Like many of the plays based on Greek myths, the audience was familiar with both the legend and its characters. In Antigone, an understanding of the story leading to her return to Thebes is essential. Long before Antigone left Oedipus and returned to her home in Thebes, her two brothers, Eteocles and Polynices, had been at war. The two quarreled over the leadership of the city. After a long and heated debate, they finally agreed to serve alternate one-year reigns; however, at the end of Eteocles’s first year, he refused to surrender the throne. Enraged, Polynices left Thebes and became an exile. Now living as an outcast, similar to his father Oedipus, he allied himself with the king of Argos and waged war against Thebes; this war is the subject of Aeschylus’ play Seven against Thebes.
As the conflict progressed and casualties began to mount, it became apparent that the war was a stalemate. The solution was simple: the brothers would engage in a one-on-one combat. Unfortunately, the outcome was the unforeseen death of both brothers. Seizing the opportunity, Creon, the brothers’ uncle, assumed the throne and decreed that only Eteocles body would be buried and given the proper rites; Polynices’ body would be left exposed to the elements. This is where Sophocles’ Antigone begins.
There are relatively few characters in the play:
- the prophet Teiresias
- Creon’s wife Eurydice
- two messengers
- a guard
- and, of course, the chorus.
The opening scene is at the royal palace of Thebes. Antigone and her sister Ismene stand outside the palace doors. They have both just learned of Creon’s edict concerning their brothers. Antigone turns to her sister:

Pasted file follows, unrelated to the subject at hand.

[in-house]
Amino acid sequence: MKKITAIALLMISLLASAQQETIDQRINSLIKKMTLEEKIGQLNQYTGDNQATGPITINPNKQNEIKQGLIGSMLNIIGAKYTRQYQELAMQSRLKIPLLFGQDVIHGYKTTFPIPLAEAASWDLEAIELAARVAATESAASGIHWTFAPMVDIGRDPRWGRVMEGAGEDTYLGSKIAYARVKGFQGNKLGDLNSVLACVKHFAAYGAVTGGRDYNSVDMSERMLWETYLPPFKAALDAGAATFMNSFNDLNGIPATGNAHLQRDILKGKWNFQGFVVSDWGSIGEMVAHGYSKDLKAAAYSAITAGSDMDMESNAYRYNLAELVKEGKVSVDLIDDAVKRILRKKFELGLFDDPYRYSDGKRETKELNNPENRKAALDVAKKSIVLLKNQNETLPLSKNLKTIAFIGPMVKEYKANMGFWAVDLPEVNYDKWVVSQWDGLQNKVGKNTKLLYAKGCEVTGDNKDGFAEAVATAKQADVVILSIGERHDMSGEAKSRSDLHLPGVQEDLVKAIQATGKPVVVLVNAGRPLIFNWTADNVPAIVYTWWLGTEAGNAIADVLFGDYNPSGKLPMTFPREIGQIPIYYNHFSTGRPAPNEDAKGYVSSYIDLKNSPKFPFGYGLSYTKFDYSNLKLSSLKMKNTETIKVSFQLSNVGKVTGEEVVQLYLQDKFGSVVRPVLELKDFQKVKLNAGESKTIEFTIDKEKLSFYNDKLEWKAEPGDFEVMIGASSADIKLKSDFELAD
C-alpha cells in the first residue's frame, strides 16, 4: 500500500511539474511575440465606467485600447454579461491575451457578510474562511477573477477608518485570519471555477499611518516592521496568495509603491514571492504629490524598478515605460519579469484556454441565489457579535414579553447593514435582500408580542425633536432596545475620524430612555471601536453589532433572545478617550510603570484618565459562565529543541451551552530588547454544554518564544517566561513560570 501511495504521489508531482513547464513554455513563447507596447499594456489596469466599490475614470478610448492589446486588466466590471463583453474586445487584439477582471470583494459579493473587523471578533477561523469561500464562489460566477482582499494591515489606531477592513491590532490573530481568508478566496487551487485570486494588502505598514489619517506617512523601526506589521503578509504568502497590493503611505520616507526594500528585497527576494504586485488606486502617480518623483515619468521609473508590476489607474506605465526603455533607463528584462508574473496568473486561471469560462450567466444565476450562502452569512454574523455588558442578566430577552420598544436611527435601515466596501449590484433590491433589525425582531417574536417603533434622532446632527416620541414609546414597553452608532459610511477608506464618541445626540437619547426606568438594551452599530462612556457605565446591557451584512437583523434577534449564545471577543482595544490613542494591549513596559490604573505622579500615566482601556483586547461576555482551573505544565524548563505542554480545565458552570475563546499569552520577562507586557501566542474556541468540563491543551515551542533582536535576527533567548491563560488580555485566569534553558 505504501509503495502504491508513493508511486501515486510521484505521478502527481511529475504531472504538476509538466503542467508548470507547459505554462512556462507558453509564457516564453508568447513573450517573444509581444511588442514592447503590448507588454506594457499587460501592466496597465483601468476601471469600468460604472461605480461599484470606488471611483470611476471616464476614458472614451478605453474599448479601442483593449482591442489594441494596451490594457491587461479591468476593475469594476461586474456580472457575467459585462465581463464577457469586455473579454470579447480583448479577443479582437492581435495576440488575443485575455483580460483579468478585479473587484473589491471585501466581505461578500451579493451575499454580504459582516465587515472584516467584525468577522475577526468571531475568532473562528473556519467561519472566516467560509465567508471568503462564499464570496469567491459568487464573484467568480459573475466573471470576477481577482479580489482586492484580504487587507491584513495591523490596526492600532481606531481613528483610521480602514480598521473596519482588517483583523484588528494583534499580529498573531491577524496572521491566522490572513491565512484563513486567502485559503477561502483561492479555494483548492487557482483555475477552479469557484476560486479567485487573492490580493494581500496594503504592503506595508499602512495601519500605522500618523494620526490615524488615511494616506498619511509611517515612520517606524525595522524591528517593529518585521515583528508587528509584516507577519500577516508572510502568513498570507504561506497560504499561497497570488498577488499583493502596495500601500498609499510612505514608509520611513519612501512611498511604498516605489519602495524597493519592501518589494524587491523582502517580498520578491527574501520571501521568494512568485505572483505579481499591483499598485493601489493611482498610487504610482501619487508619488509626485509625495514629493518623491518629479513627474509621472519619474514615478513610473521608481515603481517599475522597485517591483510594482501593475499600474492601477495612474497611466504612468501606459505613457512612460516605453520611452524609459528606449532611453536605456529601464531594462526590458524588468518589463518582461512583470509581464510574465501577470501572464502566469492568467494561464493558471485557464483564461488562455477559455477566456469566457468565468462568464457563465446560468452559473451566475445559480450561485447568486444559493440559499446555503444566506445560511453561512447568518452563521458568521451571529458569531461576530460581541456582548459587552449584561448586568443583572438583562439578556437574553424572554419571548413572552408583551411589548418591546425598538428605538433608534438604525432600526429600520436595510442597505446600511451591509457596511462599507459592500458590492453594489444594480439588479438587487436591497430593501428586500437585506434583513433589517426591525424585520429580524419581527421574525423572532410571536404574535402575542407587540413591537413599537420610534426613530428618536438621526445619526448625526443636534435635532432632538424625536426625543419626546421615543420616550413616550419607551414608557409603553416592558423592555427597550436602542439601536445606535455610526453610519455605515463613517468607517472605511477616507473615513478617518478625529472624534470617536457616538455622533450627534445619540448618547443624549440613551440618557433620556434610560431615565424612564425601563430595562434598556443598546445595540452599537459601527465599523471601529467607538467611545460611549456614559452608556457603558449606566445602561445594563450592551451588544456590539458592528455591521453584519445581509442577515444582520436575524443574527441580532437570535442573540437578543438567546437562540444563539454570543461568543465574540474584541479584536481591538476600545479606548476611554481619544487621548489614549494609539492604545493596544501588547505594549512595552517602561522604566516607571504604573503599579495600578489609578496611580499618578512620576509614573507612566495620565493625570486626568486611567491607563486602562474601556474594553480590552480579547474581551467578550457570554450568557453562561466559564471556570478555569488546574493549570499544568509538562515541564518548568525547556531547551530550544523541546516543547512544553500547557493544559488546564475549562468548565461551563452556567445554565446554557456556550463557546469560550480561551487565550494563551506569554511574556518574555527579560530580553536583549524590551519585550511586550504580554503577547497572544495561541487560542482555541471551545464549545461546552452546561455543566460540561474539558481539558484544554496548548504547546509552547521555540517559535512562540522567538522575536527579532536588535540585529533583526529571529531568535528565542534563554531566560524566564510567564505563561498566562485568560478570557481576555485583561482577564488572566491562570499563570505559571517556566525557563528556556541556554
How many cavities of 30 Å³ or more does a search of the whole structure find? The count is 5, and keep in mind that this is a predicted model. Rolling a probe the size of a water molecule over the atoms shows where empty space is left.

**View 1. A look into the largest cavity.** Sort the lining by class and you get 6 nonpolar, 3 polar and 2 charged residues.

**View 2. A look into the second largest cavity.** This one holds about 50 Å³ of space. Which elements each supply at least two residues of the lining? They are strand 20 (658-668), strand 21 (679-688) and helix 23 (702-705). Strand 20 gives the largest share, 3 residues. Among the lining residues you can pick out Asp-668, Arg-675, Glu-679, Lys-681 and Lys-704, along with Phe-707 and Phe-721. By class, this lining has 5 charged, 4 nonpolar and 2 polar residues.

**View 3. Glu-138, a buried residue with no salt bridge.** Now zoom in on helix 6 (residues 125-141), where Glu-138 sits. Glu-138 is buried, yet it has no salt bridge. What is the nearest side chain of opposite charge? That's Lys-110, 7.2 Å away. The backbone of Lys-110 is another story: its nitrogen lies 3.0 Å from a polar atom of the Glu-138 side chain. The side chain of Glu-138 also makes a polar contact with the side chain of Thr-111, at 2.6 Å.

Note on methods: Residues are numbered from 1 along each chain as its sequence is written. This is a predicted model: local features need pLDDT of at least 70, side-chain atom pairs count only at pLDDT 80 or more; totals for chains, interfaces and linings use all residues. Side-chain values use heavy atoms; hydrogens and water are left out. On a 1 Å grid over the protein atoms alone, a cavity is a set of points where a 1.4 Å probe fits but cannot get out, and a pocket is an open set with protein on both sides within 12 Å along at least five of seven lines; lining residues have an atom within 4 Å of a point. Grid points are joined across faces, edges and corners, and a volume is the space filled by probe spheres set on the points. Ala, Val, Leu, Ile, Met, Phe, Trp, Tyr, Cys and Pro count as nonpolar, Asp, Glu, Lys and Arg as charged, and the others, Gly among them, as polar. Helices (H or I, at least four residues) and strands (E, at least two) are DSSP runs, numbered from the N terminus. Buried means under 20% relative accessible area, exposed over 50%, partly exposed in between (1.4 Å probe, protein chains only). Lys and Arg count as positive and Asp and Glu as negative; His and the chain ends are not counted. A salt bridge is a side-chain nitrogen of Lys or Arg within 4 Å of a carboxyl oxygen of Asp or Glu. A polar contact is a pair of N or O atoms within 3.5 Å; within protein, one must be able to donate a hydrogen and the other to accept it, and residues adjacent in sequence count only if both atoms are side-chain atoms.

Creon will give the one of our two brothers honor in the tomb: the other none. Eteocles, with just observance treated, as law provides he has hidden under earth to have full honor with the dead below. (Grene, 22)
Polynices, being viewed as a traitor, will not receive a proper burial; a violation of religious tradition. Creon proclaimed that no one may bury him, leaving him “unwept, untombed, a rich sweet sight for the hungry birds’ beholding and devouring” (22). While Ismene seems obviously upset, she responds that they are women and there is nothing they can do. However, Antigone has already devised a plan and asks her sister to join her and share in her labor. Fearing they will be punished for breaking the law, Ismene attempts to talk some sense into Antigone, but she refuses. Antigone exits: “Now I go to heap the burial mound for my dearest brother” (24).
Creon appears before the palace and addresses the chorus, asserting his authority as king:
When they two perished by a double fate, on one day struck and defiled each by each other’s hand, now it comes that I hold all the power and the royal throne through close connection with the perished men. (27)